All of the participants in this group were found to have changes in the range of movement of the dominant upper limb and half were found to have changes in the range of movement of the cervical spine. Neurological examination proved normal bilaterally for isometric muscle power, reflexes, and cutaneous sensation to light touch. No changes were found in the control group.
There was no difference of the mean of vibration threshold between dominant and non-dominant arms in tennis players (p > 0.5), and in control participants (p > 0.2). There was a significant difference between tennis players and controls (p < 0.03). There was no difference in the vibration threshold of the areas of the skin innervated by the median, ulnar and radial nerves in tennis players (Figure 1). This was also the case for the control participants.
Clinical examination of the tennis players used in this study showed they had similar anatomical changes as described in previous studies (Kibler 2002), in the dominant arm only. Comparing young healthy tennis players and healthy non-tennis playing controls, bilateral increased vibration threshold was evident in the tennis players, suggesting sub-clinical central changes in somatosensory processing and, or bilateral, minor neuropathic changes.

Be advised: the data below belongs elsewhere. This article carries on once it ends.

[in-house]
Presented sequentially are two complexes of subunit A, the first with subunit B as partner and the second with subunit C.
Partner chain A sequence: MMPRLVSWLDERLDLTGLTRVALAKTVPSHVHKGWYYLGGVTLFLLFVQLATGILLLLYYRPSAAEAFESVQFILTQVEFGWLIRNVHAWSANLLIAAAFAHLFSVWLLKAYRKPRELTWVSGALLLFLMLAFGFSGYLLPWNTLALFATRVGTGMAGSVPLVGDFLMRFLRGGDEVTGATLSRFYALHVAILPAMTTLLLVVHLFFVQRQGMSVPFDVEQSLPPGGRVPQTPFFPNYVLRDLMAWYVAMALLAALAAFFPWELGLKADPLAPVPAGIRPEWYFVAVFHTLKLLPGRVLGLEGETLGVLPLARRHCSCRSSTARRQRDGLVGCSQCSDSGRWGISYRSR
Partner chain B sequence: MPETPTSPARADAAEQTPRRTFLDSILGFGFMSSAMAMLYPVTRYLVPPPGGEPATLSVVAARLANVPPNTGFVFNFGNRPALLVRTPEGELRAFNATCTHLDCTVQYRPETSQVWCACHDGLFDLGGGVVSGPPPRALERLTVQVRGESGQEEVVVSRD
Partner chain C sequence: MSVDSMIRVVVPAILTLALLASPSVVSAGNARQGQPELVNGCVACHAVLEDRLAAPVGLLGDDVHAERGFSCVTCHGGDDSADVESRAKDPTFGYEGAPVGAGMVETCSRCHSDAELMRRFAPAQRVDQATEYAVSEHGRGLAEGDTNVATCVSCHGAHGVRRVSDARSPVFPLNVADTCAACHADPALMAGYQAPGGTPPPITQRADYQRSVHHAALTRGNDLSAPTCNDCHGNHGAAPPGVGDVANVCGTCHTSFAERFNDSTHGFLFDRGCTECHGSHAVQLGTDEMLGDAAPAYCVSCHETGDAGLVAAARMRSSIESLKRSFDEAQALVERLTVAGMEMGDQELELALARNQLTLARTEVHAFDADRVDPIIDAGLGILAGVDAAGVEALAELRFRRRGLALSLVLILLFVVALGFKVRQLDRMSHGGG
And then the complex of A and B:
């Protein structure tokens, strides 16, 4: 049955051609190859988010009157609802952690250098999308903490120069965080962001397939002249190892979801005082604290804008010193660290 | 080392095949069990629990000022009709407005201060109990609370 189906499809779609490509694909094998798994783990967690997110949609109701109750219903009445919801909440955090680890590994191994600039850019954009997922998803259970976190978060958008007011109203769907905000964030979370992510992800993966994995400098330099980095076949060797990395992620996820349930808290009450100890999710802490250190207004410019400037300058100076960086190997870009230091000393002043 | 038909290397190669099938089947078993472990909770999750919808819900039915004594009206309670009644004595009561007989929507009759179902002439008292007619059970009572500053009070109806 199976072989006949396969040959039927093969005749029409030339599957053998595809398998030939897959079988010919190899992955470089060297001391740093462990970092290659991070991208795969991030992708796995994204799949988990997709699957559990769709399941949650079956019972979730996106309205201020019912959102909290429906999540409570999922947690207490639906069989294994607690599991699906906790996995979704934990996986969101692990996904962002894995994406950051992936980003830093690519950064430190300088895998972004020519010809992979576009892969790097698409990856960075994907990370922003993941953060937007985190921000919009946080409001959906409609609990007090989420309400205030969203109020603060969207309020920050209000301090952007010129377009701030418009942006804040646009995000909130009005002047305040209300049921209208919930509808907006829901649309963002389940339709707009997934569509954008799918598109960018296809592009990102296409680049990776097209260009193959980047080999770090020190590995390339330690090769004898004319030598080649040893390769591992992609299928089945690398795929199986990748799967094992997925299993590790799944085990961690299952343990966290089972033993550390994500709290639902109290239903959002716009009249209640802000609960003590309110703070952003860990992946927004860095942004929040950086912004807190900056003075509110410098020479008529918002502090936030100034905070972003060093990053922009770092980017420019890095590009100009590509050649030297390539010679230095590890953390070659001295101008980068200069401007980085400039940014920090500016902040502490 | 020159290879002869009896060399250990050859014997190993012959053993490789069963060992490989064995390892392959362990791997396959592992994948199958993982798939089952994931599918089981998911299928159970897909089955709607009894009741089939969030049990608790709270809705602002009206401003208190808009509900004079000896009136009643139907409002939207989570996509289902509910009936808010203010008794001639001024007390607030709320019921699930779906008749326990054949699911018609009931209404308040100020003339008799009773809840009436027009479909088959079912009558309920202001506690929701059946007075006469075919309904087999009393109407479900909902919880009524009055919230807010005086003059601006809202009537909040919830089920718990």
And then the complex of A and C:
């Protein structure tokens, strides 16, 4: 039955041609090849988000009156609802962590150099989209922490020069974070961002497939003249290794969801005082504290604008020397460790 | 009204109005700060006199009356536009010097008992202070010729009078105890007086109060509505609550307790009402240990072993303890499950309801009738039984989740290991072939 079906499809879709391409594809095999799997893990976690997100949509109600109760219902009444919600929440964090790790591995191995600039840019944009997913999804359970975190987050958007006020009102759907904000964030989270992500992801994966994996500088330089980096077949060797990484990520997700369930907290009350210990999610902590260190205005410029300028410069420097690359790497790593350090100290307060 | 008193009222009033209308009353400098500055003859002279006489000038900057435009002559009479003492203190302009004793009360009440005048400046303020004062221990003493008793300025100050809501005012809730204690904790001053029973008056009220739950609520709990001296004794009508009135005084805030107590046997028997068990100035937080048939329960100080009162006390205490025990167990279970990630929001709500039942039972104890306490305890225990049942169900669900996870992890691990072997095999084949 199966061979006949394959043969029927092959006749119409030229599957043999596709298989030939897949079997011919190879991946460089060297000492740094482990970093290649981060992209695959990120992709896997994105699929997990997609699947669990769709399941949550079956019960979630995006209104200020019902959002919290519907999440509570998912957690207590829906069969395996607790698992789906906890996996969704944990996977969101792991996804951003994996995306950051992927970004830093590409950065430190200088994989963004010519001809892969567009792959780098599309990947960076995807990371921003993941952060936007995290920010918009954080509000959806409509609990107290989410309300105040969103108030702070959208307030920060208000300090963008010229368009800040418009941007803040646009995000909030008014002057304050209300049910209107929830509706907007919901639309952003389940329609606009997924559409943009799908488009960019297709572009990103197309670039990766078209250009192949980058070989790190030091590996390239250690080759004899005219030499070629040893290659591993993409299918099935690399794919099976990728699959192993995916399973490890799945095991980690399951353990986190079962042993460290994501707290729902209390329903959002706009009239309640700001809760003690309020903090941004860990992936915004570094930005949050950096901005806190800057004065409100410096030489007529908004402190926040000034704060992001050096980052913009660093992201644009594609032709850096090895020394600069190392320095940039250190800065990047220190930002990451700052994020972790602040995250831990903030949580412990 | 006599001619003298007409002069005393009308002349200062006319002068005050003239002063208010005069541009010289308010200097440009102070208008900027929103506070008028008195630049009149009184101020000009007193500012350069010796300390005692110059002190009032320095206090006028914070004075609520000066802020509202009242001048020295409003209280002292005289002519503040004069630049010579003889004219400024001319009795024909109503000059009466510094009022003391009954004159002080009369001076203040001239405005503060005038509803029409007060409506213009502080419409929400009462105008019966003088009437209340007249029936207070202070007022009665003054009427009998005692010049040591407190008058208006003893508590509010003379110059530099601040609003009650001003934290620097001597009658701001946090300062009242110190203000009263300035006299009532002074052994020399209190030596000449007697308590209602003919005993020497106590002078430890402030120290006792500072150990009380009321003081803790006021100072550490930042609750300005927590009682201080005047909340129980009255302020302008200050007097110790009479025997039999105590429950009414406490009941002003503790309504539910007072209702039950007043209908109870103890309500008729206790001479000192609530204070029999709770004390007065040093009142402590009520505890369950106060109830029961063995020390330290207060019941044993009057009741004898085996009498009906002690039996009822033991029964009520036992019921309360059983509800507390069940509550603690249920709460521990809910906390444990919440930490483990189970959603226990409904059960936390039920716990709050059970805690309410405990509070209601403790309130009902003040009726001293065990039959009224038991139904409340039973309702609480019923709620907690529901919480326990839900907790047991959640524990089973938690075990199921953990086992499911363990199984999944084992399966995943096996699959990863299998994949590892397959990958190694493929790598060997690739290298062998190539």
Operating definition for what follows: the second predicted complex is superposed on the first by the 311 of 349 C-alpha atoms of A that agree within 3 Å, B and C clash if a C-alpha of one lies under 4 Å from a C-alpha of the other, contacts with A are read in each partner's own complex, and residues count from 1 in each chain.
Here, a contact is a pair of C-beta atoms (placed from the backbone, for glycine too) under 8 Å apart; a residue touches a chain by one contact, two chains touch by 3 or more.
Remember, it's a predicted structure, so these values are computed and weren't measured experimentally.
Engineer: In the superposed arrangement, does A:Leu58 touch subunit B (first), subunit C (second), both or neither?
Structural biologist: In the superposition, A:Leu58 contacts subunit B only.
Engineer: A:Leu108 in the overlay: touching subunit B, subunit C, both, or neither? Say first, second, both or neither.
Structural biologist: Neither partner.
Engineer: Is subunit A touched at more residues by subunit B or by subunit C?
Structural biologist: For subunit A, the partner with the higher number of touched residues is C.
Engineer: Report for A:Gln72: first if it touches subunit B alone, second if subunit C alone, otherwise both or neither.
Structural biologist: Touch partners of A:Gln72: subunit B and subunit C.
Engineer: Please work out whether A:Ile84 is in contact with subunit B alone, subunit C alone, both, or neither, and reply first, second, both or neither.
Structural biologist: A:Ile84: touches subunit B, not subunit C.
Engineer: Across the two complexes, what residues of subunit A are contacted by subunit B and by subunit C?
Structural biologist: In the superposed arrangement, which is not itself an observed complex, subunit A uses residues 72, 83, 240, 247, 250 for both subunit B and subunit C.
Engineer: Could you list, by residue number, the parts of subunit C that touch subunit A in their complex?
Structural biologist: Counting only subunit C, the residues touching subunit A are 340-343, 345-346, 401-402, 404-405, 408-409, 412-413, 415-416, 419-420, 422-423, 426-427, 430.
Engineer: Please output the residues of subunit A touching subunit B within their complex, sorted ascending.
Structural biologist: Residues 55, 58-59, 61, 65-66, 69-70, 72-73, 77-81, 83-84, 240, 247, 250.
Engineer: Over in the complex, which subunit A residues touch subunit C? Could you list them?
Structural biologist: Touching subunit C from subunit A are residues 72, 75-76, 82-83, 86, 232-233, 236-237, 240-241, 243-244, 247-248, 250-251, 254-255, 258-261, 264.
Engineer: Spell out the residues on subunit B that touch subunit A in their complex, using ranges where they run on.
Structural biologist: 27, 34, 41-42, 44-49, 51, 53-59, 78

As a feasibility study, the author is mindful of the effects of both a small sample size and the lack of blinding on the potential effect on any assumed difference in somatosensory function that is demonstrated by vibration threshold testing. The author believes the results are sufficiently interesting enough to warrant further investigation.
University College London, Gower Street, London, UK
Colak, T, Bamac, B., Ozbek, A., Budak, F. and Bamac, Y.S. (2004) Nerve conduction studies in tennis players. British Journal of Sports Medicine 38, 632-635.
Goldberg, J. and Lindblom, U. (1979) Standardised method of determining vibratory perception thresholds for diagnosis and screening in neurological investigation. Journal of Neurology, Neruosurgery and Psychiatry 42(9), 793-803.
Kibler W. (2002) Problems for the young tennis player. In: Tennis. Ed: Renstrom, P. An IOC Medical Commission Publication. Blackwell publishing.
Laursen, L., Jepsen, J. and Sjogaard, G. (2006) Vibrotactile sense in patients with different upper limb disorders with a control group. International Archives of Occupational and Environmental Health 79(7), 593-601.
Tucker, A., White, P., Kosek, E., Pearson, R.M., Henderson, M., Coldrick, A.R., Cooke, E.D. and Kidd, B.L. (2007) Comparison of vibration perception thresholds in individuals with diffuse upper limb pain and carpal tunnel syndrome. Pain 127(3), 263-269.
([mail]) Sarah Harrisson
University College London, Gower Street, London WC1E 6BT, UK
Caption: Figure 1. Average vibration thresholds (+/- standard error) for areas of the hand innervated by the median, ulnar and radial nerves for tennis players and controls; showing the dominant and non-dominant arms combined for both groups. The figure shows a difference between tennis players and controls (# p < 0.001) and no difference between areas of the skin innervated by the individual nerves (p > 0.8).
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|Publication:||Journal of Sports Science and Medicine|
|Date:||Jun 1, 2015|